AURORA | Aurora Public Schools has announced plans to close Sable Elementary School as part of its Blueprint APS project, causing frustration among community members and families who say the decision came as a shock.
Blueprint APS is the district’s multi-year plan for managing its school buildings in response to changing enrollment trends. As part of the plan, some schools with low enrollment will be closed and seven campuses will be turned into specialized magnet schools that students located anywhere in the district can apply to attend.
The plan has multiple phases and has been underway for several years. It divides the district into seven geographic regions, and in October the district said it would soon be making building recommendations for regions one and five. An initial document released in 2019 identified Crawford Elementary, Paris Elementary, Park Lane Elementary and North Middle School as region one schools that were under consideration for being closed or repurposed.
Last week however, the district announced that it would be recommending Paris and Sable Elementary for closures, taking Sable community members by surprise. At a school board meeting Tuesday night, dozens of Sable families and employees arrived to protest the change, wearing the school’s purple colors and holding signs.
The subject was not on the agenda for the meeting, but the board heard over an hour of public comment from parents, teachers and students who urged the district to reconsider.
Several teachers the Sentinel spoke to said they felt like the district had not been transparent when making the decision.
“The only way to describe it is that we were blindsided,” said Leslie Burton, a Sable employee.
Parents of Sable students expressed frustration that the district would close a school their children loved.
“It’s a good school,” said Berenice Suastegui. “I don’t know why they want to close it.”
Suastegui has several children who currently attend Sable as well as a 6th grader who graduated last year. She said she’s concerned about how they would adjust if moved to a different school.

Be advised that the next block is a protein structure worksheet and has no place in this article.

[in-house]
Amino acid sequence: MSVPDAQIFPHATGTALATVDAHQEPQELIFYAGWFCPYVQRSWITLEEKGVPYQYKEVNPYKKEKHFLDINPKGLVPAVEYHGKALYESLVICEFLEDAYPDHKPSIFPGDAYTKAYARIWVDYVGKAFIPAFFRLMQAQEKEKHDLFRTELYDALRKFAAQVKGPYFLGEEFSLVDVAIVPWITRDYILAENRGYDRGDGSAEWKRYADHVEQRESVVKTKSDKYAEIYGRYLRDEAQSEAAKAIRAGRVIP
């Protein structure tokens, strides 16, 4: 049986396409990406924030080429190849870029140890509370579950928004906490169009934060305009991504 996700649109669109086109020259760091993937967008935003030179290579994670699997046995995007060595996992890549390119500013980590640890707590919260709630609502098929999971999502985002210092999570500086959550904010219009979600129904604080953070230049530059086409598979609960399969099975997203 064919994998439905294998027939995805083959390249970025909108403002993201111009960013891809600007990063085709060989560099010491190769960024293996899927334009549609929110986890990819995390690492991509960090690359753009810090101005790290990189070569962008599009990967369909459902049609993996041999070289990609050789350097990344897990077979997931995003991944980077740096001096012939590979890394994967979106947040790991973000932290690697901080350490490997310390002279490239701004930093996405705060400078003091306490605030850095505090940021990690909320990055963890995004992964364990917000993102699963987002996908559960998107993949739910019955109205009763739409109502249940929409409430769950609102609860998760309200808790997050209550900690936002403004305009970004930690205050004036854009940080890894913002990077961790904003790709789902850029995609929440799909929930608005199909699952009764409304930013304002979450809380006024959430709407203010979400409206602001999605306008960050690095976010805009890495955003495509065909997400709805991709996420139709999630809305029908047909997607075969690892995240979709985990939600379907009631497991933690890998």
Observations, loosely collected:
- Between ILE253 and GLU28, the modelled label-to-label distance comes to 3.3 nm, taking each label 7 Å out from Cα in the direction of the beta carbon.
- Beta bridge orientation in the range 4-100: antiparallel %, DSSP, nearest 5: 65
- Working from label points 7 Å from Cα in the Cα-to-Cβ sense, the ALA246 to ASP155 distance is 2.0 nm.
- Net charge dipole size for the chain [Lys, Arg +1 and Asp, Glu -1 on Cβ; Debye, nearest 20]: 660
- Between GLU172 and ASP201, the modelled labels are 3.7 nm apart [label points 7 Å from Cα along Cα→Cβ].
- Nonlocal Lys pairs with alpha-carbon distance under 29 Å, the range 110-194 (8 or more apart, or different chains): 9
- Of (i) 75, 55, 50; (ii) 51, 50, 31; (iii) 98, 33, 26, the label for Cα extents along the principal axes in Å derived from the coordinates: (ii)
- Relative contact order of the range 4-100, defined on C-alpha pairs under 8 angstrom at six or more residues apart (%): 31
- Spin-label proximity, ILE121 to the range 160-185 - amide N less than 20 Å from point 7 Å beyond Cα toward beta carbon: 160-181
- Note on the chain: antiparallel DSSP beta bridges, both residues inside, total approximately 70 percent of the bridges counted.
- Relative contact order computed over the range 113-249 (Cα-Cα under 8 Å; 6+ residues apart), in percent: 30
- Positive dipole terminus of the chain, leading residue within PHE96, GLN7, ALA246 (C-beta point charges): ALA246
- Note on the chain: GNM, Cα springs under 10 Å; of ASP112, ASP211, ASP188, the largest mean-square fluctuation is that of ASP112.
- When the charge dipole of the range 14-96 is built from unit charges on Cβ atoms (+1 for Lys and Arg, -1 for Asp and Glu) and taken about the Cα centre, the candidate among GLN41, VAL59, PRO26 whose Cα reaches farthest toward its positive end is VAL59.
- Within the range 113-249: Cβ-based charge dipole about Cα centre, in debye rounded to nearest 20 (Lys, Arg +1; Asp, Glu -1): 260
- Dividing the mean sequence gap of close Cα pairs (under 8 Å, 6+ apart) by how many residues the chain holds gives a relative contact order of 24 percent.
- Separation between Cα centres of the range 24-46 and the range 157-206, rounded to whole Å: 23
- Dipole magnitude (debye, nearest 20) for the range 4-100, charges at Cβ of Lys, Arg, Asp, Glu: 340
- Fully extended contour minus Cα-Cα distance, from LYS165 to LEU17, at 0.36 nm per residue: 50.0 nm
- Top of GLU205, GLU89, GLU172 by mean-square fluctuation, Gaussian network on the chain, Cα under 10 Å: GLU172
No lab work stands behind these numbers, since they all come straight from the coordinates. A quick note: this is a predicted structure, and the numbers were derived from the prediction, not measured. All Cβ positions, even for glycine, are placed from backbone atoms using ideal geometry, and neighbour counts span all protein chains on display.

Several speakers made note of the school’s afterschool program in partnership with the city of Aurora and its newly created classroom for students with autism. Alex Majalca, a Sable paraprofessional who works in the new classroom, said the students have improved significantly since being placed in the new class and worries about their continued educational development if it goes away.
A letter from Superintendent Rico Munn to Sable families announcing the decision said that Sable would need significant building upgrades to continue to serve students, and that neighboring Altura and Park Lane elementaries have enough capacity to serve the surrounding area due to declining enrollment.
The decision will go before the board of education for a vote at its February meeting. If approved, Sable and Paris will close in June 2023, allowing current 4th and 5th grade students to complete their elementary education at those schools. Decisions about where younger current Sable students will be rezoned will take place after the February vote and be announced in the fall of 2022.
“Our current structure of operating low-enrollment buildings and underutilizing buildings does not allow APS to maximize its resources to serve students and families,” Munn said in the letter. “Please know that these recommendations are extremely difficult to make. However, our priority remains on how to best serve our community while planning for the future.”
Region one is where the district’s health specialization is located. APS plans to build a magnet school focusing on health on the campus of North Middle School that includes space for a technical high school program. That will also go to a vote in February.
At the meeting, board president Debbie Gerkin thanked attendees for sharing their concerns.
“These are hard, emotional, gut-wrenching choices that are ahead of all of us,” she said. Chants of “save Sable” broke out after she spoke.
Munn told the Sentinel that the initial list of schools under consideration should only have been considered a draft, and not a guarantee that certain buildings were safe from closure.
“The language of it we thought made that clear, but we’re certainly hearing from staff and families that that’s not how they read it,” he said.
Now that the district has recommended Sable for closure, it will start the process of determining how the building will be used in the future. He acknowledged that school closures are always difficult, but that they are necessary for APS’ future.
“Any decision is going to be painful and it’s going to cause impact to our families,” he said. “Part of this recommendation when you look at the entire regional plan is, how do we minimize those impacts?”
The district will have a series of virtual information sessions in January to further discuss the planned closures.